Have you ever wanted to be able to climb vertical surfaces? I remember watching Spiderman in the theatre and thinking wow, now that is cool. It appears as though I wasn’t the only person to have that desire. The people behind DARPA’s Z Man project must have had similar thoughts.
DARPA is well along in creating a climbing apparatus that will allow humans to scale smooth walls and objects without any risk of falling. The future use and safety implications of this invention is awesome.
The first tests of the new system are based upon the gecko and have been very successful. The large rectangular paddles, which make up the Z-Man system don’t look similar to a gecko’s foot, but they almost copy the same structure that gives a gecko its astonishing climbing ability. It is this ability that many have tried to replicate. The foot of the gecko does not secrete any kind of adhesive to accomplish the task of vertical climbing, but in atomic-scalephysics.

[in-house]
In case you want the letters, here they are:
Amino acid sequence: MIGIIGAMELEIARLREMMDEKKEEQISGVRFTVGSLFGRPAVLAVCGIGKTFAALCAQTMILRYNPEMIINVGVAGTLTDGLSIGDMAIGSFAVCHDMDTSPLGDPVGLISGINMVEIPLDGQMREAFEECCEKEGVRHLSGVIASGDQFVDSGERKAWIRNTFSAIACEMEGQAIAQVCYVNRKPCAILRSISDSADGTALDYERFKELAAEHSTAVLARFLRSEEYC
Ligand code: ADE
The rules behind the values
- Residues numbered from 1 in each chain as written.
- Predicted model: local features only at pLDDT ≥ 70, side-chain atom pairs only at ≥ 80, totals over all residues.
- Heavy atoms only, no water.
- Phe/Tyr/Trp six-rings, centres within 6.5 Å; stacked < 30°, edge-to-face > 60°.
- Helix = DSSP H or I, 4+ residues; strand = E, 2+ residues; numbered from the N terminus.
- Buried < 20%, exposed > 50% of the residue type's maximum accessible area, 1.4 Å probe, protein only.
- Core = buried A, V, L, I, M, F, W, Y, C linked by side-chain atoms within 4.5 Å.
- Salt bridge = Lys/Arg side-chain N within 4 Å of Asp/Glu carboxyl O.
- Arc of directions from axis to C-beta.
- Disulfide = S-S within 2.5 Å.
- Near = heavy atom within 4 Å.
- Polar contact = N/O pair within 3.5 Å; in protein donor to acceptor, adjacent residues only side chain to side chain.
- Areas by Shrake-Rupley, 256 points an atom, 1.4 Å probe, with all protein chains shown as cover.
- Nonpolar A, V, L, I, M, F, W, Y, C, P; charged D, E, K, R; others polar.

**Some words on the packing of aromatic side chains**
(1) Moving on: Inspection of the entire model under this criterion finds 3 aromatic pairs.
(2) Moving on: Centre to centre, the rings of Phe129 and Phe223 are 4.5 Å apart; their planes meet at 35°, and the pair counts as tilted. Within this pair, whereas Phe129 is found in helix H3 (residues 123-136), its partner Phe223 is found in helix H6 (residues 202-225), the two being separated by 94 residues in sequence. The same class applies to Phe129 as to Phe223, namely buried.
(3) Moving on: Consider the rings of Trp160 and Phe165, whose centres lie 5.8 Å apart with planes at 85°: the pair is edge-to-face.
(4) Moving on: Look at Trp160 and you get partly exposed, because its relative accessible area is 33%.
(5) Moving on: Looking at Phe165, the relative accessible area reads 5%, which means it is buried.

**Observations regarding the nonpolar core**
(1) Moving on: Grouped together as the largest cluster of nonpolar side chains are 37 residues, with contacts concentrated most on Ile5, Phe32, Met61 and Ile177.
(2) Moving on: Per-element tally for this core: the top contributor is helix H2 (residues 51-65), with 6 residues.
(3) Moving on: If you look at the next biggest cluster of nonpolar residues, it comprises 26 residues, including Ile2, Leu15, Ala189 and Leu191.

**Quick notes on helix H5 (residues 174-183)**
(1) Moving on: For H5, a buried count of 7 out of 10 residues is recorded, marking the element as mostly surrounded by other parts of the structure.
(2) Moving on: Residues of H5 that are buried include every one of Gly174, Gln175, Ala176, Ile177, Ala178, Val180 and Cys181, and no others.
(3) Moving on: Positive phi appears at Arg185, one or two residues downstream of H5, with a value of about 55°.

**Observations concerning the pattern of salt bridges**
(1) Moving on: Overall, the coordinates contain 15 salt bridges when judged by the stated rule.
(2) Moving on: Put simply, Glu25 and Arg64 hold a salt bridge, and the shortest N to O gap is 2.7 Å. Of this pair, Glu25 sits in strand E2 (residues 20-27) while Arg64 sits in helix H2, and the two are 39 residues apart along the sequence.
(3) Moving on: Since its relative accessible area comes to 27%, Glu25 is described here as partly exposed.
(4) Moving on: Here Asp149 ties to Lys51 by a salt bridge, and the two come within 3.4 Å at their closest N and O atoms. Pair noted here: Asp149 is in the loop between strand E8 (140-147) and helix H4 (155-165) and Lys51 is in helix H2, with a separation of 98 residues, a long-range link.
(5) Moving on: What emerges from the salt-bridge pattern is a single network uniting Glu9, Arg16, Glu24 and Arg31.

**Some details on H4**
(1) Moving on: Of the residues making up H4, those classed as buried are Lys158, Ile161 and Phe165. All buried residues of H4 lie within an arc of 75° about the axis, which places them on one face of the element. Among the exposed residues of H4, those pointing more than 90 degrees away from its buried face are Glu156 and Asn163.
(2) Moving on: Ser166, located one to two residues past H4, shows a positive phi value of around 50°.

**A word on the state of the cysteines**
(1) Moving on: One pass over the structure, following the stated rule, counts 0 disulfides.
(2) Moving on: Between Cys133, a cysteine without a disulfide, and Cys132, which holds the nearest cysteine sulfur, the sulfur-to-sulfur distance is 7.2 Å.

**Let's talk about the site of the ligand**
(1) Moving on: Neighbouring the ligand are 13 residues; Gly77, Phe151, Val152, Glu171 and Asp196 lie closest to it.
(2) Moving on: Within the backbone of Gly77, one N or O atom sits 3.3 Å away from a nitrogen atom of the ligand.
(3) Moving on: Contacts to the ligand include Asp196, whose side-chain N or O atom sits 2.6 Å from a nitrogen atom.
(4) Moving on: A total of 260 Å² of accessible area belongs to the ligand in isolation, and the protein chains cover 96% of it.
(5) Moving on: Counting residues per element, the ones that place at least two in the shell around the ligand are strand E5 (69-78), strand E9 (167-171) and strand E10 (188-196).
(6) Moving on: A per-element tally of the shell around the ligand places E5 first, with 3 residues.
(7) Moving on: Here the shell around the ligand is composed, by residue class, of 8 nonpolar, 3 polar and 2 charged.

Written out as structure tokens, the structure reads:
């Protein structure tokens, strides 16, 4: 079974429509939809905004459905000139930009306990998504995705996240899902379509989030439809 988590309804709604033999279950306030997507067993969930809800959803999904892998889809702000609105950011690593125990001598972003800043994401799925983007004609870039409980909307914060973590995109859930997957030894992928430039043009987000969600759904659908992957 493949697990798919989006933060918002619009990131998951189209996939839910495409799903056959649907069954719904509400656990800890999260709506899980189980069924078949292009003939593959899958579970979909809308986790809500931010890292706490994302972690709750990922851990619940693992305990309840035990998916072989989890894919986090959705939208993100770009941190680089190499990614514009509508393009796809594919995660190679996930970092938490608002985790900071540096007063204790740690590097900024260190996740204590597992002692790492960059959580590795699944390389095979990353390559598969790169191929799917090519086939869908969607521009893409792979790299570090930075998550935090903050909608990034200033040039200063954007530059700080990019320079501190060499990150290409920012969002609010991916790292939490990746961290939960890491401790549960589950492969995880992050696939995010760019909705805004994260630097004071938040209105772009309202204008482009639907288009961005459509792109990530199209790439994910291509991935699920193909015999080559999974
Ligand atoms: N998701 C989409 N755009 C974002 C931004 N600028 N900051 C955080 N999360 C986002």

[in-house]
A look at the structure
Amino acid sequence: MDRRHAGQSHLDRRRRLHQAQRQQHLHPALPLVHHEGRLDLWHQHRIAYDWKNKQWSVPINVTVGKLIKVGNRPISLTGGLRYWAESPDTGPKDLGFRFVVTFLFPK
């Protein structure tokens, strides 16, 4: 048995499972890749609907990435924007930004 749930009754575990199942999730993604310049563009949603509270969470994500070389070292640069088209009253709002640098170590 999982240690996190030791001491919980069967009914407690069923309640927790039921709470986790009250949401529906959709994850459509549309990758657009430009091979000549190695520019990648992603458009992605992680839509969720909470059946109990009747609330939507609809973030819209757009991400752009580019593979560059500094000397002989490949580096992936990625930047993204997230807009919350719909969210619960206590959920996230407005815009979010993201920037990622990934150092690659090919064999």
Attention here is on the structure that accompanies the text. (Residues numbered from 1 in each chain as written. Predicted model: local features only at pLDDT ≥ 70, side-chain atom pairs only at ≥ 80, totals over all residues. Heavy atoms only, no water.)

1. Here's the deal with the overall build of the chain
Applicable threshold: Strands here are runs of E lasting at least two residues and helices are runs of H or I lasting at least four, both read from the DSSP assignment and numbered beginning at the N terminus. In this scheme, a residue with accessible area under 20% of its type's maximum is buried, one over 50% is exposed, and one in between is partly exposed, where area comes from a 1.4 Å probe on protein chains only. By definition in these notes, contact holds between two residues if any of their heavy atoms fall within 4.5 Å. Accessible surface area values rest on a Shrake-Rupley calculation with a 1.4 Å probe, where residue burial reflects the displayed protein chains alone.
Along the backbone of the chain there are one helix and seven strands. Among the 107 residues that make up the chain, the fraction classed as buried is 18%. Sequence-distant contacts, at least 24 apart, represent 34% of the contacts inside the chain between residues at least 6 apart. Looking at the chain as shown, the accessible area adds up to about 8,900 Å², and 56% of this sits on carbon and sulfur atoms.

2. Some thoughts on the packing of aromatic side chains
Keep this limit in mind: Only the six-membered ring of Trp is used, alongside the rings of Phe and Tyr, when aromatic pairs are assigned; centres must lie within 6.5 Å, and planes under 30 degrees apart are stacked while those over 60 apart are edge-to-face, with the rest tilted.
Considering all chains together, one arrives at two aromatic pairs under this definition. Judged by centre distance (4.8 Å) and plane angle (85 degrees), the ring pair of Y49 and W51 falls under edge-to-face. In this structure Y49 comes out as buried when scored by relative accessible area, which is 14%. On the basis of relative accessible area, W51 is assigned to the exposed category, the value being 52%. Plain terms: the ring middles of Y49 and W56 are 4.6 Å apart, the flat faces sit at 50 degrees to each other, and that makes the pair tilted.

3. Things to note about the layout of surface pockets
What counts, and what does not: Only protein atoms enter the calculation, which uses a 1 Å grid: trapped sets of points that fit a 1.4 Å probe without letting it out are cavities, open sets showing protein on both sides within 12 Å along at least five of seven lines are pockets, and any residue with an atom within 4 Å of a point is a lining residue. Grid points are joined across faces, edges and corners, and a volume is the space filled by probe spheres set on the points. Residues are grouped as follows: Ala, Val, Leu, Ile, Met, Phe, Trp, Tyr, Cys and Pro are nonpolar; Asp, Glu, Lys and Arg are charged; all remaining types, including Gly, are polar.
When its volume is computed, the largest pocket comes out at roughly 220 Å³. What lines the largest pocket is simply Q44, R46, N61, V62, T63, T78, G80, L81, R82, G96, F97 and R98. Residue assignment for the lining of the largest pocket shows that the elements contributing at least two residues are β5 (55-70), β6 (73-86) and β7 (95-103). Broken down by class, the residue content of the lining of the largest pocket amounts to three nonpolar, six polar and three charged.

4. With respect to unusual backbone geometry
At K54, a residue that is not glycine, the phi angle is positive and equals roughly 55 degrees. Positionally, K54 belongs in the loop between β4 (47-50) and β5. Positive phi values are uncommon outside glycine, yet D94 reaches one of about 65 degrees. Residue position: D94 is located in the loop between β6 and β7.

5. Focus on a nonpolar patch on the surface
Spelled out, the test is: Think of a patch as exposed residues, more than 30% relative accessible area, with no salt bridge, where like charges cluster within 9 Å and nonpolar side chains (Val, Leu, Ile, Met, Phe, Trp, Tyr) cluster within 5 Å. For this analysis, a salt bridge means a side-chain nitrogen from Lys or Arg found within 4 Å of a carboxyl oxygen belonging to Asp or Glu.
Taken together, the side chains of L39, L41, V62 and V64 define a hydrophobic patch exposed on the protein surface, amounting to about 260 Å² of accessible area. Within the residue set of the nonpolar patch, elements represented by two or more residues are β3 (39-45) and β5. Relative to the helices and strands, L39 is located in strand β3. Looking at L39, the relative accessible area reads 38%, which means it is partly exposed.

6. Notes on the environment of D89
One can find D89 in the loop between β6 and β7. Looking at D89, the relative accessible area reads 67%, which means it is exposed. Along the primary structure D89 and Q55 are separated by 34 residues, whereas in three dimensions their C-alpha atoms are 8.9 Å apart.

A foot of the gecko is covered with lots of tiny ridge structures called setae, which are only 100 micrometers long. Budding from each setae are hundreds of tiny projections called spatulae that are about 200 nano-meters in diameter. It is these hair-like structures that increase the surface area of the foot thereby allowing it to take advantage of van der Waals intermolecular forces. The van der Waals forces are the weak intermolecular interactions, which are weaker than ionic bonds or covalent. Basically, two atoms may have a slight charge imbalance. The result of this is a very mild attraction, but if you total the force across all those spatulae, the effect is very strong.
The material in the pads designed by DARPA was made using nanoscale fabrication techniques to replicate the physical structure of spatulae found in geckos. To be used effectively the paddles have to be moved individually and then carefully reset after each movement. The original materials were designed and created by Draper Laboratory of Cambridge, Mass.
Test prove that the use of the paddles is effective, with climbers scaling heights of 25 feet on a glass wall, some even weighted with 50bs backpacks. DARPA has been testing the Z-Man technology over the last couple of years and they are hoping to see it utilized by soldiers in the future.
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